In the developing world issues of access and equity are particularly important.14 Universal childhood immunisation narrowed the morbidity/mortality gap between children of rich and poor countries; the use of new expensive vaccines (for example, Hib) only in rich countries is again widening this gap. The arrival of effective pneumococcal conjugate vaccines will directly challenge our existing concepts of new vaccine use. When 1-2 million children die each year in poor countries, having an effective vaccine that is not available because of cost, is intolerable. Pneumococcal vaccination regimens will need to be modified for developing countries, from the point of view of age, serotype coverage and affordability. One approach is maternal immunisation with a 23-valent unconjugated pneumococcal vaccine, to provide the neonate with passive protection from maternally transmitted antibodies. Another approach is neonatal vaccination with a conjugate vaccine. At present the pneumococcus remains a most significant cause of paediatric mortality in the world; the conjugate vaccine has not yet been extensively tested in children in the developing world, although the existing published data suggest it is protective.15,16

In Australia, conjugate vaccines are likely to be included in the infant schedule. Combination vaccines may impact on this, as may the need for boosting, either in childhood or adulthood. It is clear that there is an unequivocal need for conjugate pneumococcal vaccine to be delivered to remote communities where there are high attack rates of invasive disease and pneumonia. Indigenous Australians are the one population in the world who will most benefit from this scientific advance, because they have a lot of disease and we can afford the vaccine. Ear disease in indigenous children is more difficult; early colonisation and early onset of disease make it less likely that a vaccine started at 2 months of age will make a big difference. For otitis media, vaccination schedules starting at birth and maternal vaccination may need to be considered.

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Conference speakers

Ross Andrews, Claire Caesar, Peter Collignon, Carolien Giele, Lyn Gilbert, Jag Gill, Robert Hall, Jeff Hanna, Geoff Hogg, Vicki Krause, Deborah Lehmann, Dace Madore, Peter McIntyre, Robert Menzies, Avner Misrachi, Kim Mulholland, Linda Selvey, Paul Torzillo, John Turnidge

Author affiliations

1. Corresponding author: Jill M Forrest, NCIRS, RAHC, PO Box 3515, Parramatta, New South Wales 2124, E-mail:

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1. Ostroff SM. Continuing cheallenge (sic) of pneumococcal disease (editorial). Lancet 1999;353:1201-1202.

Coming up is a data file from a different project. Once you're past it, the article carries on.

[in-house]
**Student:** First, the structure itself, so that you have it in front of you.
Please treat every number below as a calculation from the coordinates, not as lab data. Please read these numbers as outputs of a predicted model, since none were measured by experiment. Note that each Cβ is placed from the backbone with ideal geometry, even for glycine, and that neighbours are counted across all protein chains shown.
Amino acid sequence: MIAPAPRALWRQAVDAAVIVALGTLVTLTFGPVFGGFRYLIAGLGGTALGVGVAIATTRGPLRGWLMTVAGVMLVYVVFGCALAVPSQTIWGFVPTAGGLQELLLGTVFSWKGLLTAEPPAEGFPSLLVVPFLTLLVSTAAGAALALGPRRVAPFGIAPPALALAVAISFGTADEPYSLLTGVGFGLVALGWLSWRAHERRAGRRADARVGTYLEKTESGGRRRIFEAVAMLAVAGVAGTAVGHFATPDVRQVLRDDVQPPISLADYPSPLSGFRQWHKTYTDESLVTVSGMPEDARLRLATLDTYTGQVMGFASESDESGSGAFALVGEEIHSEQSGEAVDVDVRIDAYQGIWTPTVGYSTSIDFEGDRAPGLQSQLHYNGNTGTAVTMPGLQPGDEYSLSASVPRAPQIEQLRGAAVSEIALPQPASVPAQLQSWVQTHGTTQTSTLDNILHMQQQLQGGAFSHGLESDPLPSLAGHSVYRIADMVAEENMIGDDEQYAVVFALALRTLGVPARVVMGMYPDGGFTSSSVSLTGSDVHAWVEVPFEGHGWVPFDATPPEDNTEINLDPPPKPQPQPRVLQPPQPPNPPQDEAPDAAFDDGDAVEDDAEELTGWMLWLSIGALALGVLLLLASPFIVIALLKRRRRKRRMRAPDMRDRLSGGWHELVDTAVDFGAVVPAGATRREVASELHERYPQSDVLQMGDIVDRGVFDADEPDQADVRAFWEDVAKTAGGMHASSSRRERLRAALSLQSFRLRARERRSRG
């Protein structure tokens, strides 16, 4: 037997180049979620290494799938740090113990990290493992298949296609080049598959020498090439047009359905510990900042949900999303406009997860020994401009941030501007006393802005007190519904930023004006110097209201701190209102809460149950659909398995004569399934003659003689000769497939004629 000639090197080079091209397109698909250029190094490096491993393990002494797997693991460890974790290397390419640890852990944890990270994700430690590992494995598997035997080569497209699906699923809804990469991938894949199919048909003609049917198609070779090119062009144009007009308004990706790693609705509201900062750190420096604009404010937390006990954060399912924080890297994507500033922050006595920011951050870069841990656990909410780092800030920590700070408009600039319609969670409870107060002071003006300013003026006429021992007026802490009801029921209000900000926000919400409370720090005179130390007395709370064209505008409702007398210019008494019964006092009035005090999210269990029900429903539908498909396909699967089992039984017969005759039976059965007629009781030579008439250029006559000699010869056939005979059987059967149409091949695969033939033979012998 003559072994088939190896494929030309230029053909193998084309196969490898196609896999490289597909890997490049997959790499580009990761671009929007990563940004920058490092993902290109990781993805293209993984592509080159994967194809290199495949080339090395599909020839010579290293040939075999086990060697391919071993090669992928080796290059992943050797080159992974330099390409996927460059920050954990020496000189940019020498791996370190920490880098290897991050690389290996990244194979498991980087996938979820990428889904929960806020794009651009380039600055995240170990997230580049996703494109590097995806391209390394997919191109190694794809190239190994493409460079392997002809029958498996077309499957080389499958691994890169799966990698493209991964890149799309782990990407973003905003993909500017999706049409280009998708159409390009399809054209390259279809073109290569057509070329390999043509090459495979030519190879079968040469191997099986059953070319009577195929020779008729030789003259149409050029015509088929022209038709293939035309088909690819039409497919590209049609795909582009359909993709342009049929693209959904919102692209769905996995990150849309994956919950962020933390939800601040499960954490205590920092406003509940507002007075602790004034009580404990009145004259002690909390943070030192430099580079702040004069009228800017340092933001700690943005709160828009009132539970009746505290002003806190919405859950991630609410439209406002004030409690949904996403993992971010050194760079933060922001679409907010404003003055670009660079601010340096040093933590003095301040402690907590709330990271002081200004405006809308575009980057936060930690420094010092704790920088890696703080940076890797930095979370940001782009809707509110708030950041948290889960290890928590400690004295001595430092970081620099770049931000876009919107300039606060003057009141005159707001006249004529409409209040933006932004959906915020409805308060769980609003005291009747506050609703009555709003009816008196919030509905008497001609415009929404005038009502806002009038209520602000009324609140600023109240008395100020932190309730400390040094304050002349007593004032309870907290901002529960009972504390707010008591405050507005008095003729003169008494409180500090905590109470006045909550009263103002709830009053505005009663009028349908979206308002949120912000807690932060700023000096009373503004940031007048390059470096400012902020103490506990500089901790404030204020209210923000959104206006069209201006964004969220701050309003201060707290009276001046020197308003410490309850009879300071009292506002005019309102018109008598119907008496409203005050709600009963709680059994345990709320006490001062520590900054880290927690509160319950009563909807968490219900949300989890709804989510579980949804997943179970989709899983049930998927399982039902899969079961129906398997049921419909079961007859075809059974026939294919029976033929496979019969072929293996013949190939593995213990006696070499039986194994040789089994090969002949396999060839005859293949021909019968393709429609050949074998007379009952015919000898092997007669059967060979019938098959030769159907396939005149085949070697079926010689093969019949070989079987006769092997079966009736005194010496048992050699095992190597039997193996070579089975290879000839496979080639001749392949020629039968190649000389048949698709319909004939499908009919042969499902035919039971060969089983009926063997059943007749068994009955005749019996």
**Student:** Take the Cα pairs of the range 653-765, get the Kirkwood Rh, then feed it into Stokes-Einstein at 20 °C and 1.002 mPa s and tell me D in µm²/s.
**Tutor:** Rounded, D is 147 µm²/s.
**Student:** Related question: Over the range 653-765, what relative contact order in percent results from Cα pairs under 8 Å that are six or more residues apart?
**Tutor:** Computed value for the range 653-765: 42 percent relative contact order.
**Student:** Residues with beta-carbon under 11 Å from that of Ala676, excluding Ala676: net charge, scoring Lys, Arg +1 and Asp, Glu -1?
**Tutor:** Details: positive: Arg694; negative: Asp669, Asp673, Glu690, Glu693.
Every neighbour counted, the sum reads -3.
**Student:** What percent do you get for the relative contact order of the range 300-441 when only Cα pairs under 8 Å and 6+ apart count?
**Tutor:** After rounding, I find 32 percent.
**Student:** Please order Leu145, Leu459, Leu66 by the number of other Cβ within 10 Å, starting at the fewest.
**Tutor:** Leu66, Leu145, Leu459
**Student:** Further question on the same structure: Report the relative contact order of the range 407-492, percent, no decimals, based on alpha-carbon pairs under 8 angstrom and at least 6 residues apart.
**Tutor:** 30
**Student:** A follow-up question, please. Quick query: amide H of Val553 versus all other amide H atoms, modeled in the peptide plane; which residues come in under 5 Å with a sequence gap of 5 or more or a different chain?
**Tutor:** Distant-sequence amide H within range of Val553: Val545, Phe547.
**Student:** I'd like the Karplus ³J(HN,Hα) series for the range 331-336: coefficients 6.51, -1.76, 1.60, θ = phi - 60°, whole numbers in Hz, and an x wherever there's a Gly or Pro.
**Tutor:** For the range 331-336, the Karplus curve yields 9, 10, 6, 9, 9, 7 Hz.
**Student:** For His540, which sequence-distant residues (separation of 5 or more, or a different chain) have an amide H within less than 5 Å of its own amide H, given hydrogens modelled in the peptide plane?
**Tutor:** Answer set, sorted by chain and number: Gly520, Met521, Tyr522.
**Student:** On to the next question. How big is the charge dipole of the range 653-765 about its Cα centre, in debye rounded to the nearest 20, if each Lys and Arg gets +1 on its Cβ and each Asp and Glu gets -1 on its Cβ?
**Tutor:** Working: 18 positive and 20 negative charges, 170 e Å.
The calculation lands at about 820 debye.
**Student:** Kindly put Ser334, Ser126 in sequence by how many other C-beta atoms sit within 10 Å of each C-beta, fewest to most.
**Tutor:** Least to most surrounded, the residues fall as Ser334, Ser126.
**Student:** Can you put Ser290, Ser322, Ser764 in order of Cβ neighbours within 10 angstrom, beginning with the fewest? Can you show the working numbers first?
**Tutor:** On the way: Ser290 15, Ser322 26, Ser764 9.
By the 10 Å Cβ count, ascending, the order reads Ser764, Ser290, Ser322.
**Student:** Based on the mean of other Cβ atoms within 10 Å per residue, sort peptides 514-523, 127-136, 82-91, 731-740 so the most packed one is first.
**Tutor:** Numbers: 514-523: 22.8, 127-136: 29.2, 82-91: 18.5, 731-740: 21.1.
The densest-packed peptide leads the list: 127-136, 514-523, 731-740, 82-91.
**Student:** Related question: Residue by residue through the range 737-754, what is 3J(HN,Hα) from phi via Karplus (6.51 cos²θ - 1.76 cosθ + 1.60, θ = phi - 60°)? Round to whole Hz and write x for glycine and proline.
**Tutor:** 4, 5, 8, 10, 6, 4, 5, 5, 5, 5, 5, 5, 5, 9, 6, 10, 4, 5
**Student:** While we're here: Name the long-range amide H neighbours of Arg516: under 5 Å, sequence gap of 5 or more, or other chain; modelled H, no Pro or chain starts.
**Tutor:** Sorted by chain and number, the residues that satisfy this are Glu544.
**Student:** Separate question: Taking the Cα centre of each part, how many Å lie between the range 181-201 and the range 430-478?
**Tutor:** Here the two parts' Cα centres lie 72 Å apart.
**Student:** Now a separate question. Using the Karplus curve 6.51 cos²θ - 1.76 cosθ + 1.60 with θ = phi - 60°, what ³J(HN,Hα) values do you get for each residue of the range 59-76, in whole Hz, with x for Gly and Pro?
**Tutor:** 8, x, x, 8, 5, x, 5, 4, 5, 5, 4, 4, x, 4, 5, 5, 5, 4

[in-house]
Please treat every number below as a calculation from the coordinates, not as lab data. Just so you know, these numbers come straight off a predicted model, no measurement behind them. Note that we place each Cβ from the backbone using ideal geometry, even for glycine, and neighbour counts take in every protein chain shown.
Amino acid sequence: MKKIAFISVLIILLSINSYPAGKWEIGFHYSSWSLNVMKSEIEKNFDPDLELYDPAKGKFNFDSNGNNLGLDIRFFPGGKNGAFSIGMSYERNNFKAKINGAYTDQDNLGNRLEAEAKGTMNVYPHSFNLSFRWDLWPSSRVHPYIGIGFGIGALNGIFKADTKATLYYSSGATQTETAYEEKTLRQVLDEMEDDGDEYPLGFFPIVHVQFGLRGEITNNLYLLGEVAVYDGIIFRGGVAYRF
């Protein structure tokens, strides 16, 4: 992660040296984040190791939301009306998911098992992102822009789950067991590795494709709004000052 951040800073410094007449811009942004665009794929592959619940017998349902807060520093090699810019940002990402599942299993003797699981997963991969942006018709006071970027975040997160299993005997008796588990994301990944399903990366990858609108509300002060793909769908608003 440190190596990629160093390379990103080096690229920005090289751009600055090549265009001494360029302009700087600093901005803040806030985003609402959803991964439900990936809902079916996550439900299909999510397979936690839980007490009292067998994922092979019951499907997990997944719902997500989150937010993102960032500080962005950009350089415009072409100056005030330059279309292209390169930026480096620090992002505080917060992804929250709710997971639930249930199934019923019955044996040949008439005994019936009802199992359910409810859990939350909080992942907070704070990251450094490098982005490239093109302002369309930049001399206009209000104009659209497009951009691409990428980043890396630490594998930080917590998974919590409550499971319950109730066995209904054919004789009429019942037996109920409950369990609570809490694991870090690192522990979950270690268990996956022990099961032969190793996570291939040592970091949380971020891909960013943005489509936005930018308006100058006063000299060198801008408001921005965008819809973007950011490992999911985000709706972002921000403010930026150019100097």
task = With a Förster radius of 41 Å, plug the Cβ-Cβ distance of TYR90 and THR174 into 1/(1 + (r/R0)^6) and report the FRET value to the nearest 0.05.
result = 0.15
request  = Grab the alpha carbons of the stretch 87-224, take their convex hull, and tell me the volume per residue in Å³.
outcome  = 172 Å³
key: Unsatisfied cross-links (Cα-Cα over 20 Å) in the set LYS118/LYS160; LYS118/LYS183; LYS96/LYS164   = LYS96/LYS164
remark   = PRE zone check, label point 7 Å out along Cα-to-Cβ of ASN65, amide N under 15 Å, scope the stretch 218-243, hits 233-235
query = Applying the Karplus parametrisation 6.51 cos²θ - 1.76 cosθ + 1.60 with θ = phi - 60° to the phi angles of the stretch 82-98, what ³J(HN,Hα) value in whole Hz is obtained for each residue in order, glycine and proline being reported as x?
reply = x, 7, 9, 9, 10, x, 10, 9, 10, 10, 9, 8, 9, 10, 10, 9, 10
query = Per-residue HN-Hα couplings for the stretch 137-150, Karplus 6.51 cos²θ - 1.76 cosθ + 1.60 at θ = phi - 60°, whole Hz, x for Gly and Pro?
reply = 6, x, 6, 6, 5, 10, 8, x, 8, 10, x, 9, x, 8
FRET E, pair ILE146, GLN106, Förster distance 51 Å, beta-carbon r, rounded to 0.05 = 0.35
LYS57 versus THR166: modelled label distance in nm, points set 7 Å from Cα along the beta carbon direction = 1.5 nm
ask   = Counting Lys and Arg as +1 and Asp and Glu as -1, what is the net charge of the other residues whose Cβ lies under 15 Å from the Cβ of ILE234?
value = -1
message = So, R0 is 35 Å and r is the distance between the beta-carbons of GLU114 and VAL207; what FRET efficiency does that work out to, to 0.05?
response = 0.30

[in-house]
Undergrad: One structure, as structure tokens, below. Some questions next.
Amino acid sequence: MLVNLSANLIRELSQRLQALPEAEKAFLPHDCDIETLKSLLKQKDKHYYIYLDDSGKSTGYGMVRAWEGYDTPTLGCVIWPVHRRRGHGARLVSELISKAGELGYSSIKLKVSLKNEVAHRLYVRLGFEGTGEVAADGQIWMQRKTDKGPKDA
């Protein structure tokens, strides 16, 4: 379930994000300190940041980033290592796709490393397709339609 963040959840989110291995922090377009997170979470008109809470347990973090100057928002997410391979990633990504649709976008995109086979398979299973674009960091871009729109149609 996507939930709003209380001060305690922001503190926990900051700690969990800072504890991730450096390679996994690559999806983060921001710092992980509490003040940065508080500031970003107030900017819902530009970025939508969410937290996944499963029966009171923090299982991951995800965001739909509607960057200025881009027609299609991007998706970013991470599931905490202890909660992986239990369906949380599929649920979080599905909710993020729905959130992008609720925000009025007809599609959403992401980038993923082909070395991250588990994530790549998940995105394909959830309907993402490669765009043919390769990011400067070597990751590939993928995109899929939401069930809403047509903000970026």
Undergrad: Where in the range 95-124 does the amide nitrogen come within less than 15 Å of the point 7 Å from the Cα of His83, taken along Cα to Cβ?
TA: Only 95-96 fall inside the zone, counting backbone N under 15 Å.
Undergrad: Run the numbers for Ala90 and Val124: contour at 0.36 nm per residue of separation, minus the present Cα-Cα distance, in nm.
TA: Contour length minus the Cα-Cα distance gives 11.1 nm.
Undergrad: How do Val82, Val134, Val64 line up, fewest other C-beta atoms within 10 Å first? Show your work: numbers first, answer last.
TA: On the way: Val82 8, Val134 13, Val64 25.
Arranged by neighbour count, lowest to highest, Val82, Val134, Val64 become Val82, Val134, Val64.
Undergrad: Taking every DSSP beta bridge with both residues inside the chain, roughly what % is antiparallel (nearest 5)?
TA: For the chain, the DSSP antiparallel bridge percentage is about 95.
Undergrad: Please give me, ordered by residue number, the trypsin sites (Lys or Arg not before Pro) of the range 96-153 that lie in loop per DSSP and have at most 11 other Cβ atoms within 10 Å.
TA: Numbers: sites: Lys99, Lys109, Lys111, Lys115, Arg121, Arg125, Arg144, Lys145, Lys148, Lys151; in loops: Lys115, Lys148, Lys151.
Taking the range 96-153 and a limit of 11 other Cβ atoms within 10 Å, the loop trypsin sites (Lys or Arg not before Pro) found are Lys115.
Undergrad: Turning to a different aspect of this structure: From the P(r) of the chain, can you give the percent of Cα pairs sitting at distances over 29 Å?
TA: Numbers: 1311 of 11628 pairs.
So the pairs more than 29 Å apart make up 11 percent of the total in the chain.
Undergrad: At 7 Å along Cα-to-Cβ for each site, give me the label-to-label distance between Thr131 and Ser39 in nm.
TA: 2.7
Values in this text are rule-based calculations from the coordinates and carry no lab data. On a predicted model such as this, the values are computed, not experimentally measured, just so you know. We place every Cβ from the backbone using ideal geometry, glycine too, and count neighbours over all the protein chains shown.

2. Usen S, Adegbola R, Mulholland K, et al. Epidemiology of invasive pneumococcal disease in the Western Region, The Gambia. Pediatr Infect Dis J 1998;17:23-28.

3. Torzillo PJ, Hanna JN, Morey F, Gratten M, Dixon J, Erlich J. Invasive pneumococcal disease in Central Australia. Med J Aust 1995;162:182-186.

4. Morris PS. A systematic review of clinical research addressing the prevalence, aetiology, diagnosis, prognosis and therapy of otitis media in Australian Aboriginal children. J Paediatr Child Health 1998;34:487-497.

5. Gratten M, Carlisle J, Hanna J, et al. Seroepidemiology of invasive pneumococcal disease in Queensland, 1990 to 1997. Commun Dis Intell 1998;22:265-269.

6. Grimwood K, Collignon PJ, Currie BJ, et al. Antibiotic management of pneumococcal infections in an era of increased resistance. J Paediatr Child Health 1997;33:287-295.

7. Turnidge JD, Bell JM, Collignon PJ. Rapidly emerging antimicrobial resistances in Streptococcus pneumoniae in Australia. Pneumococcal Study Group. Med J Aust 1999;170:152-155.

8. Felmingham D, Washington J. Trends in the antimicrobial susceptibility of bacterial respiratory tract pathogens - findings of the Alexander Project 1992-1996. J Chemother 1999;11Suppl1:5-21.

9. Baquero F. Evolving resistance patterns of Streptococcus pneumoniae: a link with long-acting macrolide consumption? J Chemother 1999;11Suppl1:35-43.

10. NHMRC. The Australian Immunisation Handbook. 6th ed. Canberra: AGPS, 1997.

11. Gilks CF, French N, Nakiyingi J, et al. Lack of efficacy of 23-valent pneumococcal polysaccharide vaccine in HIV-1 infected adults [abstract]. Pneumococcal Vaccines for the World 1998 Conference, Washington DC, October 12-14, 1998.

12. Rennels MB, Edwards KM, Keyserling HL, et al. Safety and immunogenicity of heptavalent pneumococcal vaccine conjugated to CRM197 in United States infants. Pediatrics 1998;101:604-611.

13. Black S, Shinefield H, Ray P, et al. Efficacy of heptavalent conjugate pneumococcal vaccine (Wyeth Lederle) in 37,000 infants and children: impact on pneumonia, otitis media, and an update on invasive disease - results of the Northern California Kaiser Permanente Efficacy Trial [abstract]. Proc 39th Interscience Conference on Antimicrobial Agents and Chemotherapy, San Francisco, September 1999:379.

14. Mulholland K. Magnitude of the problem of childhood pneumonia. Lancet 1999;354:590-592.

15. Leach A, Ceesay SJ, Banya WA, Greenwood BM. Pilot trial of a pentavalent pneumococcal polysaccharide/protein conjugate vaccine in Gambian infants. Pediatr Infect Dis J 1996;15:333-339.

16. Dagan R, Yagupsky P, Goldbart A, Wasas A, Klugman K. Increasing prevalence of penicillin-resistant pneumococcal infections in children in southern Israel: implications for future immunization policies. Pediatr Infect Dis J 1994;13:782-786.

This article was published in Communicable Diseases Intelligence Volume 24, No 4, April 2000.